Tuesday, December 23, 2008
D-SLRs For The Professional
2008 was a big year for D-SLRs, and there are now more choices than ever for pros seeking a primary or backup camera. Check out some of the key innovations and the latest models.
The D90 joins Nikon’s mid-level D80 which is still available. The D90 was the first digital SLR (by a nose) to be able to capture HD video. The exact specs are 720p (1280 x 720 pixels), with mono sound via a built-in microphone. The new D-Movie Mode is an extension of the D90’s Live View feature, which lets you compose images via the 3.0-inch, 920,000-dot LCD monitor. While it lacks the D300’s Handheld live mode (which uses phase-detection AF), the D90 provides three contrast-detect AF modes: wide-area, normal-area and Face detect (you also can focus manually).
Other notable D90 features include a 12.3-megapixel DX-format CMOS sensor (APS-C-sized) similar to the one in the D300, an effective sensor-cleaning system, an 11-point autofocus system with Face Priority, 3D Color Matrix Metering II with a Scene Recognition System that computes 30,000 different photographic scenes for exposure accuracy, a continuous shooting mode of 4.5 fps, Active D-Lighting and a wide range of In-Camera Image Editing features, including fisheye effect and a straighten and distortion control. The D90 also has low noise sensitivity from 200 to 3200 and various exposure options for full manual control.
The Lumix DMC-L1 was Panasonic’s first foray into the D-SLR market a couple of years ago and still remains an attractive camera for the professional photographer. It utilizes the Four Thirds Live MOS image sensor (the same as Olympus), has a resolution of 7.5 megapixels and a body style that’s reminiscent of a retro rangefinder camera with traditional exposure controls. The DMC-L1 was one of the first digital SLRs to use Live View and the first to have a Leica lens designed specifically for the camera. The camera feels like an older analog model, with a lever-operated light-metering mode and one for the motordrive. It also has an effective dust-removal system.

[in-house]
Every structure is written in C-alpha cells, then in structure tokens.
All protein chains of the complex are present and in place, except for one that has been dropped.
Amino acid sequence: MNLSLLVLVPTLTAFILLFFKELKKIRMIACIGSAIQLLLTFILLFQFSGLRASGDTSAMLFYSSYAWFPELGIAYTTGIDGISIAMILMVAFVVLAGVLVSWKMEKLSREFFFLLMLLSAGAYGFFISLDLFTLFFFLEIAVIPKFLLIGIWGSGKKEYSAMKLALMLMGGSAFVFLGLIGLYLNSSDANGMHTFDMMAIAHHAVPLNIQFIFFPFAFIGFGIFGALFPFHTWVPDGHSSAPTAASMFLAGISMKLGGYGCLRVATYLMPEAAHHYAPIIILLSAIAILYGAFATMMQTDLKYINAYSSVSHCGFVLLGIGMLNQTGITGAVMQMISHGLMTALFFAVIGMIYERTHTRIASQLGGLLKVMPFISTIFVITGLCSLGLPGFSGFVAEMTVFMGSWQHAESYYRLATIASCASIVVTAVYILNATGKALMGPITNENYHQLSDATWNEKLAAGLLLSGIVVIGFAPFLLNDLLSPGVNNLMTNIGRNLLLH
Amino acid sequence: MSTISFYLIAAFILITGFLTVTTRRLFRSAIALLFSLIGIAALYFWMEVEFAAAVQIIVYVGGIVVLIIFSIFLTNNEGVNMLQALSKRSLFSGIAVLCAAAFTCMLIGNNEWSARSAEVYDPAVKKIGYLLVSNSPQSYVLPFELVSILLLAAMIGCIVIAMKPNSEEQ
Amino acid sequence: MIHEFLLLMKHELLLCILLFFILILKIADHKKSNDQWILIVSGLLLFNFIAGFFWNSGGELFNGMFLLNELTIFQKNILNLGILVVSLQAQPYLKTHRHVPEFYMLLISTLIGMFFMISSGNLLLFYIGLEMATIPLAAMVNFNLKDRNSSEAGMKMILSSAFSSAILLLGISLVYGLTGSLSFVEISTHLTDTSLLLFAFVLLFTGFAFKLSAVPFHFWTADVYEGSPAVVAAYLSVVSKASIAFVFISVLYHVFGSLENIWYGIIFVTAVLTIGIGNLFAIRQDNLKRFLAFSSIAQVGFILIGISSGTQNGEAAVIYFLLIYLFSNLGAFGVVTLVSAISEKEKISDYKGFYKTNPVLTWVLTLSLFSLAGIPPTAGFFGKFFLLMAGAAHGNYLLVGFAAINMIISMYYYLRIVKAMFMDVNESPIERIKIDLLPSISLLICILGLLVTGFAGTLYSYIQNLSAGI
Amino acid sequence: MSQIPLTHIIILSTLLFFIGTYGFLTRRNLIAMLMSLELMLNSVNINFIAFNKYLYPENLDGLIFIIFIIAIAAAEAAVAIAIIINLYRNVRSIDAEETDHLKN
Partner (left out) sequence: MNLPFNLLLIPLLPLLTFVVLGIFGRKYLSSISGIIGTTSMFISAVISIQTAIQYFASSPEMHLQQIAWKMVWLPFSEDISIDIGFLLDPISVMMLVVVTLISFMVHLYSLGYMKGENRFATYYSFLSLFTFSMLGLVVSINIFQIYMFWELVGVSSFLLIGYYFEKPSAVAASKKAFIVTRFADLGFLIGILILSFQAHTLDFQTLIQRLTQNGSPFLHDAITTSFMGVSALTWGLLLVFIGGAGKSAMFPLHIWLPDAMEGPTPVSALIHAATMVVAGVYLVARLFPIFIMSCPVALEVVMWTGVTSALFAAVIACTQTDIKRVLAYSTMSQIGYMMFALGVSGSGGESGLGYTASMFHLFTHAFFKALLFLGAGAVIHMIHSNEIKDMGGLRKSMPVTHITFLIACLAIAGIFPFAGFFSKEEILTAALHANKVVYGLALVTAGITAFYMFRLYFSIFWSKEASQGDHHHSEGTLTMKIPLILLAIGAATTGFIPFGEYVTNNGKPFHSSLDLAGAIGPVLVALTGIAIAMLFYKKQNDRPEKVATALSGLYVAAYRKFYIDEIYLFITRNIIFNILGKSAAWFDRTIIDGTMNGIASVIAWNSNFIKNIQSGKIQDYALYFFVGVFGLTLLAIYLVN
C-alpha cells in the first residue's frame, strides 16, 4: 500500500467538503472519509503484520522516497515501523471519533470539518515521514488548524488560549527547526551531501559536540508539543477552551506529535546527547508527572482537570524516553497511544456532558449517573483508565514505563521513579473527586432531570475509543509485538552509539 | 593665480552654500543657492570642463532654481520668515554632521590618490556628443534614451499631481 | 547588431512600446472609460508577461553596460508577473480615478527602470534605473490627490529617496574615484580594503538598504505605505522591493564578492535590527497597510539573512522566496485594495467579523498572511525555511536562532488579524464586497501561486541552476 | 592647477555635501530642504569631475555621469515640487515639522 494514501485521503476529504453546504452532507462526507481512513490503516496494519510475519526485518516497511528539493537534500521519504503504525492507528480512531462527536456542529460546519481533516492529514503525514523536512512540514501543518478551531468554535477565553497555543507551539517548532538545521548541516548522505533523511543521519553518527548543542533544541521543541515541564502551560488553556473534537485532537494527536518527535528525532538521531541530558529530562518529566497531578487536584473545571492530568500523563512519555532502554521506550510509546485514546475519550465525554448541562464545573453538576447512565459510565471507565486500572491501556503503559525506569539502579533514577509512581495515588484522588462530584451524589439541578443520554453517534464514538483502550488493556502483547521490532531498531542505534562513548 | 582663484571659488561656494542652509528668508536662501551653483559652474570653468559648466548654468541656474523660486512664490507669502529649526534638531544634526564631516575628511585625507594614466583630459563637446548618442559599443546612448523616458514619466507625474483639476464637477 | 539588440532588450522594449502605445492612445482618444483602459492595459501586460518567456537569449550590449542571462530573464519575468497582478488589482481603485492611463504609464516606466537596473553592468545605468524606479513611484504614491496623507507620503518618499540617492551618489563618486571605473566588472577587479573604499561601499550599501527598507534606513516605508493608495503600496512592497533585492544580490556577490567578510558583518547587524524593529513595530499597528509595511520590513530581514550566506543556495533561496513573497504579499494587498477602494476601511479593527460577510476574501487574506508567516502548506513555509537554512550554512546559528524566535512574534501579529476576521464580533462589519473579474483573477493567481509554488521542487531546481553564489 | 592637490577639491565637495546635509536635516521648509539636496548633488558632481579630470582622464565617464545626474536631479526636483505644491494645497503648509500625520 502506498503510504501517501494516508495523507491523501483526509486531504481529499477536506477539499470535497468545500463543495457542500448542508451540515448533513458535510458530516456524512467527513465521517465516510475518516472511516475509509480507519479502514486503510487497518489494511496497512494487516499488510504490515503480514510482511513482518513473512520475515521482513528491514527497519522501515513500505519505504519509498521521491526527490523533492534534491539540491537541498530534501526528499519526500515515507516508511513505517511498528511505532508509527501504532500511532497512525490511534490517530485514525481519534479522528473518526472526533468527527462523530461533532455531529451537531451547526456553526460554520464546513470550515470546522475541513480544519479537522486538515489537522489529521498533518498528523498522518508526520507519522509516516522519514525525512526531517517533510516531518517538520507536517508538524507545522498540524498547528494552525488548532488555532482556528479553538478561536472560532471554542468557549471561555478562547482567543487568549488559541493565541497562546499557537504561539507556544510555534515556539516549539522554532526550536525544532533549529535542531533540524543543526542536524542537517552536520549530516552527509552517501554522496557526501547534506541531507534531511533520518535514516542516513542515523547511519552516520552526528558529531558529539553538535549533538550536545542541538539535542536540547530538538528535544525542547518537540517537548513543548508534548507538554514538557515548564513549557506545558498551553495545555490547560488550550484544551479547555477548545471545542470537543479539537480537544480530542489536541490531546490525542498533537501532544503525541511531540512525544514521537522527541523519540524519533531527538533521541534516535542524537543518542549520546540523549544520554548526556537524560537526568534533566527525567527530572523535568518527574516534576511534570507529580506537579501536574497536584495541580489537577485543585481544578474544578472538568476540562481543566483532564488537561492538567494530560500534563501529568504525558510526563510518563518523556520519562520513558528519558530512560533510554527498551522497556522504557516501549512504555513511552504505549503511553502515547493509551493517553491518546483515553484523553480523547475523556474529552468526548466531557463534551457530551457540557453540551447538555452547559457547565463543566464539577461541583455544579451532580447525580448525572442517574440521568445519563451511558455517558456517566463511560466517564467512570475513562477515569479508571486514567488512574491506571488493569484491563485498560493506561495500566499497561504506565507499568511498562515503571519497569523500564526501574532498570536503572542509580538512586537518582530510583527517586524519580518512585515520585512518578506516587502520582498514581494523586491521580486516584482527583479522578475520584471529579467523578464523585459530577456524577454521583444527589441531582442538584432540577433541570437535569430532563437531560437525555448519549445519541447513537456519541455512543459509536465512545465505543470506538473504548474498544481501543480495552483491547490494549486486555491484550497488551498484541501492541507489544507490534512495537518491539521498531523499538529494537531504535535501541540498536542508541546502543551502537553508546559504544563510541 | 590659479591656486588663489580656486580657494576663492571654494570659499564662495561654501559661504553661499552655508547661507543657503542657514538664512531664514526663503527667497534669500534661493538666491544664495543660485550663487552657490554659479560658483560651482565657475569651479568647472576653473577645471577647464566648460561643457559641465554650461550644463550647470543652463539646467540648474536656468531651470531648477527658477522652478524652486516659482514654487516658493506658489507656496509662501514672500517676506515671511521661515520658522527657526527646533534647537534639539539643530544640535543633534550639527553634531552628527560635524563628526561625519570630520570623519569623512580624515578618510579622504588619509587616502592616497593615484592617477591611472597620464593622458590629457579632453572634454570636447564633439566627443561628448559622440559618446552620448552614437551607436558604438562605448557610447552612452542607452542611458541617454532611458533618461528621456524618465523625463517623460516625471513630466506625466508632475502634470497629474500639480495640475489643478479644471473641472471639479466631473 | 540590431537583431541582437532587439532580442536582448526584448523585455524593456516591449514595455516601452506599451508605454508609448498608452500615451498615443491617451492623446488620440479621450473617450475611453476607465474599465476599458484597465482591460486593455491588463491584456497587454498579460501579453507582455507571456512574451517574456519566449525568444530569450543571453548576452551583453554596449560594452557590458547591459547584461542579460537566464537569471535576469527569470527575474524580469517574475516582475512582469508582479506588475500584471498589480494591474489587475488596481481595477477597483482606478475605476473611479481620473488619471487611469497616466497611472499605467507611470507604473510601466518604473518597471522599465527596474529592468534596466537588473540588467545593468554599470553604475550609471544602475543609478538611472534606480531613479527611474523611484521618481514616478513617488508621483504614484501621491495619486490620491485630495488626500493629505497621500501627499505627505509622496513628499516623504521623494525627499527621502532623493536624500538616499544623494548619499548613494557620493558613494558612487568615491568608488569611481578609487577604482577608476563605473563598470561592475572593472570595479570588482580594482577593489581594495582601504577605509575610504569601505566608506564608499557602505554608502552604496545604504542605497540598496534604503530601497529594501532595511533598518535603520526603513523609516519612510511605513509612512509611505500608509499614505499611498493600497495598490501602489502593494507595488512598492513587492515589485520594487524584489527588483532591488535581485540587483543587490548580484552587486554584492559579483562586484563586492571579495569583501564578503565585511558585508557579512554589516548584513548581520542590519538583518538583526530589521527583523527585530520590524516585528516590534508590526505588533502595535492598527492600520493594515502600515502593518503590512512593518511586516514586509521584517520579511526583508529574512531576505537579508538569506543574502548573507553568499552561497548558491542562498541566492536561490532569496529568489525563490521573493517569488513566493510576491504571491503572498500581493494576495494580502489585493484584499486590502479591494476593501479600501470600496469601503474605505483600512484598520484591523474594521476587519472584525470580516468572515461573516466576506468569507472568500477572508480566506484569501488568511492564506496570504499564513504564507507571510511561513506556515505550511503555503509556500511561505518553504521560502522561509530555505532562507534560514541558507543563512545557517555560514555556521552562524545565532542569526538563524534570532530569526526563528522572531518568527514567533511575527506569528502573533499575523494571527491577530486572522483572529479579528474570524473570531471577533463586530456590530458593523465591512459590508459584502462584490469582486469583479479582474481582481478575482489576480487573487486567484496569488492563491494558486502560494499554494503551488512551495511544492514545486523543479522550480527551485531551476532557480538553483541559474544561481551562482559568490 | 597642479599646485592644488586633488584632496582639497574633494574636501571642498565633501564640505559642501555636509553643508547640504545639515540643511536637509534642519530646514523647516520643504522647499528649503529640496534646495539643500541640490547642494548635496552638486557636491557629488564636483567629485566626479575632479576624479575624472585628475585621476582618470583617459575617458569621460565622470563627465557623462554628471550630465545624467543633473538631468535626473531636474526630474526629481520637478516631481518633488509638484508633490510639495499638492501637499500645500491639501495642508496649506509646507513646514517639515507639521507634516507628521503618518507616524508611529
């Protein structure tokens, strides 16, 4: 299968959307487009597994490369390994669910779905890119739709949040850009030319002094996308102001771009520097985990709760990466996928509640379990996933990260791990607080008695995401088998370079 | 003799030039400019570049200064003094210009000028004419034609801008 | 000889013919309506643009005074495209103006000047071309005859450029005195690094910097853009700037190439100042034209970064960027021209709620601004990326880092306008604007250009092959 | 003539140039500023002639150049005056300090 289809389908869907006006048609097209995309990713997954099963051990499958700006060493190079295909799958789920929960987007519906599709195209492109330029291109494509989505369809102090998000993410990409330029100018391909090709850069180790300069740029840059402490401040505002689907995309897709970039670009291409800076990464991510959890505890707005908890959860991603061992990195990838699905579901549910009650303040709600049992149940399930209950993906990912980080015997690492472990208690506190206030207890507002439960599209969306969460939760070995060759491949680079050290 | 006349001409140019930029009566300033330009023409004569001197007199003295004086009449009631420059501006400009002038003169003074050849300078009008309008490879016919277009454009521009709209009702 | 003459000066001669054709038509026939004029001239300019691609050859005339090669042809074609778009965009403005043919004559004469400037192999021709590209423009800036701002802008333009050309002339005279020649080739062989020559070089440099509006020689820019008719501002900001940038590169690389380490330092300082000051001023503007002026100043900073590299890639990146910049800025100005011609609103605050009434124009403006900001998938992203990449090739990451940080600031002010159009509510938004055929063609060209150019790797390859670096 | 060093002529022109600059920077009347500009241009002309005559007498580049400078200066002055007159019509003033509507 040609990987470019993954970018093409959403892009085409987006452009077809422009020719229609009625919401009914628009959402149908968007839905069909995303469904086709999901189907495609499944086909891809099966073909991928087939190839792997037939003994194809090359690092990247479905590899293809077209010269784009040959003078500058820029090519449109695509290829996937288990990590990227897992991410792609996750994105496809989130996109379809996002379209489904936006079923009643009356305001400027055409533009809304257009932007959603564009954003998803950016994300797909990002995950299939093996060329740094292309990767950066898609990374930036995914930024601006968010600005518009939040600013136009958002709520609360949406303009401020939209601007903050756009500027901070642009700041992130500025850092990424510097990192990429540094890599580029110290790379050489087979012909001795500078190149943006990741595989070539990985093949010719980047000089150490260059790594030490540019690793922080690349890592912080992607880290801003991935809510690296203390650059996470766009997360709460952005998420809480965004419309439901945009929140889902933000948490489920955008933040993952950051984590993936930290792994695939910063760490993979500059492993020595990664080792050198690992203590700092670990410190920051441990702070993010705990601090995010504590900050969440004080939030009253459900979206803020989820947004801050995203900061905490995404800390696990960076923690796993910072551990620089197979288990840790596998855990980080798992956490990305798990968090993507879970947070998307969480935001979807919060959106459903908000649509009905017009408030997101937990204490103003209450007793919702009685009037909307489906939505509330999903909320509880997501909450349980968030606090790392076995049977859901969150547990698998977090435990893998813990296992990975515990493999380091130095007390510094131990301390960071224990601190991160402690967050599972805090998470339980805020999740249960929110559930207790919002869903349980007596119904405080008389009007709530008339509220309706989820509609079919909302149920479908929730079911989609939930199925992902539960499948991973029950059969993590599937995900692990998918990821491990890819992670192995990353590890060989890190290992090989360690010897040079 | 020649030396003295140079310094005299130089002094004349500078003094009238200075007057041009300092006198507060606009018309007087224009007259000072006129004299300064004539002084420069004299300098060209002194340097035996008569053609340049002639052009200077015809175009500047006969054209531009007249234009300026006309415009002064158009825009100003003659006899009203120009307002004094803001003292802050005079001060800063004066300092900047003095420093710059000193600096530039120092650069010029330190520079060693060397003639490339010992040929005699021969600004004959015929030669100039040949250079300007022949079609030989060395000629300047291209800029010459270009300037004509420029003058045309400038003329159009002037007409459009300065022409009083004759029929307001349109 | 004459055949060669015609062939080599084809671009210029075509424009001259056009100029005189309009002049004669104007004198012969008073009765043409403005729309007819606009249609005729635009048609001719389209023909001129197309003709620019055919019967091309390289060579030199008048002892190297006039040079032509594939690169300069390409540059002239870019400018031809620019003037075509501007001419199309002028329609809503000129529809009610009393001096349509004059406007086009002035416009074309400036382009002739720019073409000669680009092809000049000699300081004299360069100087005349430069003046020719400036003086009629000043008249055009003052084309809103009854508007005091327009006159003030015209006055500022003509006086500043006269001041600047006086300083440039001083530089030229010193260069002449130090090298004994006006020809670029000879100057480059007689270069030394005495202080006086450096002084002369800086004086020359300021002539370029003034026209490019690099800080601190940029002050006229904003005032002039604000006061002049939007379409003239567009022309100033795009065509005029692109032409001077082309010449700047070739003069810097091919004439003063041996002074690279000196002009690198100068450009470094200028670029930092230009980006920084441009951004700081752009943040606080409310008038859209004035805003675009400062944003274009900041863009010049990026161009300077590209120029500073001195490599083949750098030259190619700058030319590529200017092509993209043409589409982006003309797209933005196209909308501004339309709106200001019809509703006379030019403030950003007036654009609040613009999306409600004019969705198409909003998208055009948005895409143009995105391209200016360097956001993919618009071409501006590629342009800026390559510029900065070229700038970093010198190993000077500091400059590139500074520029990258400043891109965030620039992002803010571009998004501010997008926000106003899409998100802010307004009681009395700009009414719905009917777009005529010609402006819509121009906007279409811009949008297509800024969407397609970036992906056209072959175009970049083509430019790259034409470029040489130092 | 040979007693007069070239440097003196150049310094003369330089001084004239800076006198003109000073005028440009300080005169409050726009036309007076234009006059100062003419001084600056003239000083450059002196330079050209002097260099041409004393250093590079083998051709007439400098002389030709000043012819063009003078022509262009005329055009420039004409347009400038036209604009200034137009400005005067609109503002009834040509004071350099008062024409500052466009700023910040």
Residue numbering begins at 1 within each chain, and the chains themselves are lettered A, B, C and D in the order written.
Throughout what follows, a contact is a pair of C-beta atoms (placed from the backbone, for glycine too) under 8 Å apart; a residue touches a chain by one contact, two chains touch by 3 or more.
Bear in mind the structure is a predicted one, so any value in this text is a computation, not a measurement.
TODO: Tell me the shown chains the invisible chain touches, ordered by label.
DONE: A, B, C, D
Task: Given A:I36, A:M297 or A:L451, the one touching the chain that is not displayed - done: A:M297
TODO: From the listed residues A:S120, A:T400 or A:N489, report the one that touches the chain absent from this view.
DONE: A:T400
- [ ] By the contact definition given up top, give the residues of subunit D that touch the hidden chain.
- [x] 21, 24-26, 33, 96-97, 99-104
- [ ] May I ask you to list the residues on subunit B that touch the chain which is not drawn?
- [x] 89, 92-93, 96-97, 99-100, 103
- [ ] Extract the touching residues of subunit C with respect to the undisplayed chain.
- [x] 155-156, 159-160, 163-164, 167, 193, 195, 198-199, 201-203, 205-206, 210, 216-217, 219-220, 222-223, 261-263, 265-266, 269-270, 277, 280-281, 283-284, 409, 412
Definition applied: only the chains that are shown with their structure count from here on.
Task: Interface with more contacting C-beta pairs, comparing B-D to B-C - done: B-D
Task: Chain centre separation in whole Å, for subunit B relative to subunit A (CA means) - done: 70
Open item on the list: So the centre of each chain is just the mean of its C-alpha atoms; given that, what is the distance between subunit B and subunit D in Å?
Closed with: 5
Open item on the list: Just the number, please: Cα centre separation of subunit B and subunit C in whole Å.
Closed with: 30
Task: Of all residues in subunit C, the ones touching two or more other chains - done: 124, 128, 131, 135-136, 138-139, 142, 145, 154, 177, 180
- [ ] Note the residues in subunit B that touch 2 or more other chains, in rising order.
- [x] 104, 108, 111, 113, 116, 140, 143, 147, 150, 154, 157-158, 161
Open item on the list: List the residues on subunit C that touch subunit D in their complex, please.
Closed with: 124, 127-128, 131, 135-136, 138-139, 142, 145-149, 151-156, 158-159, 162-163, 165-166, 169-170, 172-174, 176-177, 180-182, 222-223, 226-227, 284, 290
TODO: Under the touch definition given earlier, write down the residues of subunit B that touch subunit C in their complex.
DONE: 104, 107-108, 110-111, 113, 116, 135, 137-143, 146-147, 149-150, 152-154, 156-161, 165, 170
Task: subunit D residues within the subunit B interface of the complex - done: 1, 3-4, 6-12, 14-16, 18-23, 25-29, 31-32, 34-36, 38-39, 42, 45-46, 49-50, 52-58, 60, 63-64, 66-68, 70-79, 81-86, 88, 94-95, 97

Live View operation with the 2.5-inch LCD monitor lets you focus manually or use the camera’s standard phase-detection AF system (which briefly disrupts the live view as the mirror flips down for focusing). The Leica D Vario-Elmarit 14-50mm ƒ/2.8-3.5 lens sold with the L1 incorporates Optical Image Stabilization (O.I.S.) for steadier handheld shooting. The L1 churns out a nice dynamic range with its low-consumption Live MOS sensor. The DMC-L1 also features shutter speeds from 60 to 1⁄4000 sec., plus B, a built-in flash and easy operation.
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